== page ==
“I really want to help people,” says OSU-Cascades senior Britney Galles. “When I think about what I want to do most – that’s it.”
Britney is studying kinesiology (KIN) and plans on heading to physical therapy school after she earns a bachelor’s degree.
She currently works part-time at a physical therapy clinic in Redmond. There, she sets clients on ice, conducts ultrasounds and cold laser therapy and takes clients through exercises under the direction of a physical therapist.
Last term, Britney worked on a research project under way at the FORCE Lab, a biomechanics laboratory in Bend where OSU-Cascades’ Exercise and Sport Science faculty partner with a physical therapy clinic and orthopaedic surgeons. At the FORCE Lab, she collected and analyzed data in a study focused on the anterior cruciate ligament (ACL), a portion of the knee. The lab evaluated motion in the leg during running and jumping in those with and without a history of injury to the ACL to evaluate return to activity after an ACL injury. The FORCE Lab offers opportunities for EXSS students, even at the undergraduate level, to work closely with faculty on research projects.
“I loved the whole process,” she says.
Britney came to kinesiology the way many her in field do – through personal experience. When she was in high school, she was in a bus crash that left her neck injured. She had a wonderful physical therapist in Madras, Ore., who inspired her future career goals.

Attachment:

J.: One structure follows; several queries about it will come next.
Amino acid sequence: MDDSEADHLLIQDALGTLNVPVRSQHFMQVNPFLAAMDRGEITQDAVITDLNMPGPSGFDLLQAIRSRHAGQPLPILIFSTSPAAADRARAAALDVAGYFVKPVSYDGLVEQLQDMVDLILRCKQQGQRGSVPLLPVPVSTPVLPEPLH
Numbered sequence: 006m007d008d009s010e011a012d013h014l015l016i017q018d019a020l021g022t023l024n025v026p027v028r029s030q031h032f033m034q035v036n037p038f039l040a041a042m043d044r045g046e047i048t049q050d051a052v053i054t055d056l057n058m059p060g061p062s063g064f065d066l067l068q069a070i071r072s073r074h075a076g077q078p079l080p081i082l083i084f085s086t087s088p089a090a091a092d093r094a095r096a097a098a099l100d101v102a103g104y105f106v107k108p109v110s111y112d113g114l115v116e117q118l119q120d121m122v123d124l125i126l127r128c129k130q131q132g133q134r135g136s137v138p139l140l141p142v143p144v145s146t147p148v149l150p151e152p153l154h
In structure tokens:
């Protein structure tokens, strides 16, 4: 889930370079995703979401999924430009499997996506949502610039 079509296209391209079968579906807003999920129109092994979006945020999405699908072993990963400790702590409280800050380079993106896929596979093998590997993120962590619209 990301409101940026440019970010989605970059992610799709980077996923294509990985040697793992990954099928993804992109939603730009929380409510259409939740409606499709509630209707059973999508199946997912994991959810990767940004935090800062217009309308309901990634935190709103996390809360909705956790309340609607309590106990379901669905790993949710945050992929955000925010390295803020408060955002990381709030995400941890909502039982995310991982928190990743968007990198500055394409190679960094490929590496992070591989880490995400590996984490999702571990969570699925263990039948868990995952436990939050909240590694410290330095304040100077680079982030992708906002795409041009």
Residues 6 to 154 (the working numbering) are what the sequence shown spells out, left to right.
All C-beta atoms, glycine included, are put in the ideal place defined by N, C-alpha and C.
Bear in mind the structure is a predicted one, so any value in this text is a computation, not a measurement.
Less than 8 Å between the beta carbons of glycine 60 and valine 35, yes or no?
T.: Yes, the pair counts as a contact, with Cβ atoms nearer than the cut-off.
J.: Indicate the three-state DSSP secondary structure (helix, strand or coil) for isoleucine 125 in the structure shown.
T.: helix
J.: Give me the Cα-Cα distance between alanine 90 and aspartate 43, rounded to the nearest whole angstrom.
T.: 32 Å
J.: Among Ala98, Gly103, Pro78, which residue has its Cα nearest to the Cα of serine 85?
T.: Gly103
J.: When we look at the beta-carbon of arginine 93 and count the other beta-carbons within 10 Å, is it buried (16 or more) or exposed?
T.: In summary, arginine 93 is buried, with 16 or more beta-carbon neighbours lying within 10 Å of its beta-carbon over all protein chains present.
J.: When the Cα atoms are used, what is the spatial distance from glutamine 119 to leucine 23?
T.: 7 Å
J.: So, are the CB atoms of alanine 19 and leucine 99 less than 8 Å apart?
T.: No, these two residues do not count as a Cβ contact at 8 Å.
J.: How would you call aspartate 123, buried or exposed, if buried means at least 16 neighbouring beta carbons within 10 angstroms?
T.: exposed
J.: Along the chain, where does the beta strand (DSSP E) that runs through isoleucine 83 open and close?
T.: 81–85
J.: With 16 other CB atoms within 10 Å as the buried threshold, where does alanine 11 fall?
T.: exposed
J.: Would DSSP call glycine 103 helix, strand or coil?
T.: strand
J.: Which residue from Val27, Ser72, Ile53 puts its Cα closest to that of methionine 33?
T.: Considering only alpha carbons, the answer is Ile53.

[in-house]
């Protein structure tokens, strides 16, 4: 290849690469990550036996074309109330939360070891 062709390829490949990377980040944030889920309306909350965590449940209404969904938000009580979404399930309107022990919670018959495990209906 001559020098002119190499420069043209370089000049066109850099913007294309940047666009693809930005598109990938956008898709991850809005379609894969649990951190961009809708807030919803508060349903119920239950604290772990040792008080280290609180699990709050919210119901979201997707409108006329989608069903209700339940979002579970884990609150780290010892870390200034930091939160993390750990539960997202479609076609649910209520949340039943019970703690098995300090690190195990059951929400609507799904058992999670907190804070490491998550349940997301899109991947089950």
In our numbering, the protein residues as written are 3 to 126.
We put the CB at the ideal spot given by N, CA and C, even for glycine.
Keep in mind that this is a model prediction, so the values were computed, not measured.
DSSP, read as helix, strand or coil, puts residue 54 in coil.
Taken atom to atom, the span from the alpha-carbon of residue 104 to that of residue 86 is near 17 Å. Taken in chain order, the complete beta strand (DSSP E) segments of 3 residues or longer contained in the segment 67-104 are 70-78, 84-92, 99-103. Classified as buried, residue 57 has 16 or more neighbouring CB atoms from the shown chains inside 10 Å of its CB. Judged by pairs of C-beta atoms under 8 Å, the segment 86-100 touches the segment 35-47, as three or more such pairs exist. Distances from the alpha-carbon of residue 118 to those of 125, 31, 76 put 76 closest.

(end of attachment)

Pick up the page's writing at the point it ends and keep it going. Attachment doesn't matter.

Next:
She transferred to OSU-Cascades after a few years of school in Tacoma. She loves the one-on-one mentoring at OSU-Cascades. The access to professors and the hands-on learning have been a great fit, she says.
Britney is not the only one in her family with physical therapy ambitions – her husband Charles is also enrolled in kinesiology at OSU-Cascades.
Together, they are working to start a nonprofit that provides veterans with access to physical therapy services.
“When Charles, a former Army paratrooper, needed to see a physical therapist, it was a two-month wait for a first visit through veterans services and then a three or four week wait between physical therapy appointments,” Britney says. “Normally, a physical therapist will see a client two to three times a week.”
There are many veterans in the area who need access to care and are not getting it, Britney says.
She’s also interested in overall wellness at it relates to physical therapy.
“By the time the injury has occurred, that’s kind of the end of the line,” she says. Instead of 45 minutes with a client focusing on an injury, she’s interested in preventive, holistic therapy to help prevent the injury from happening.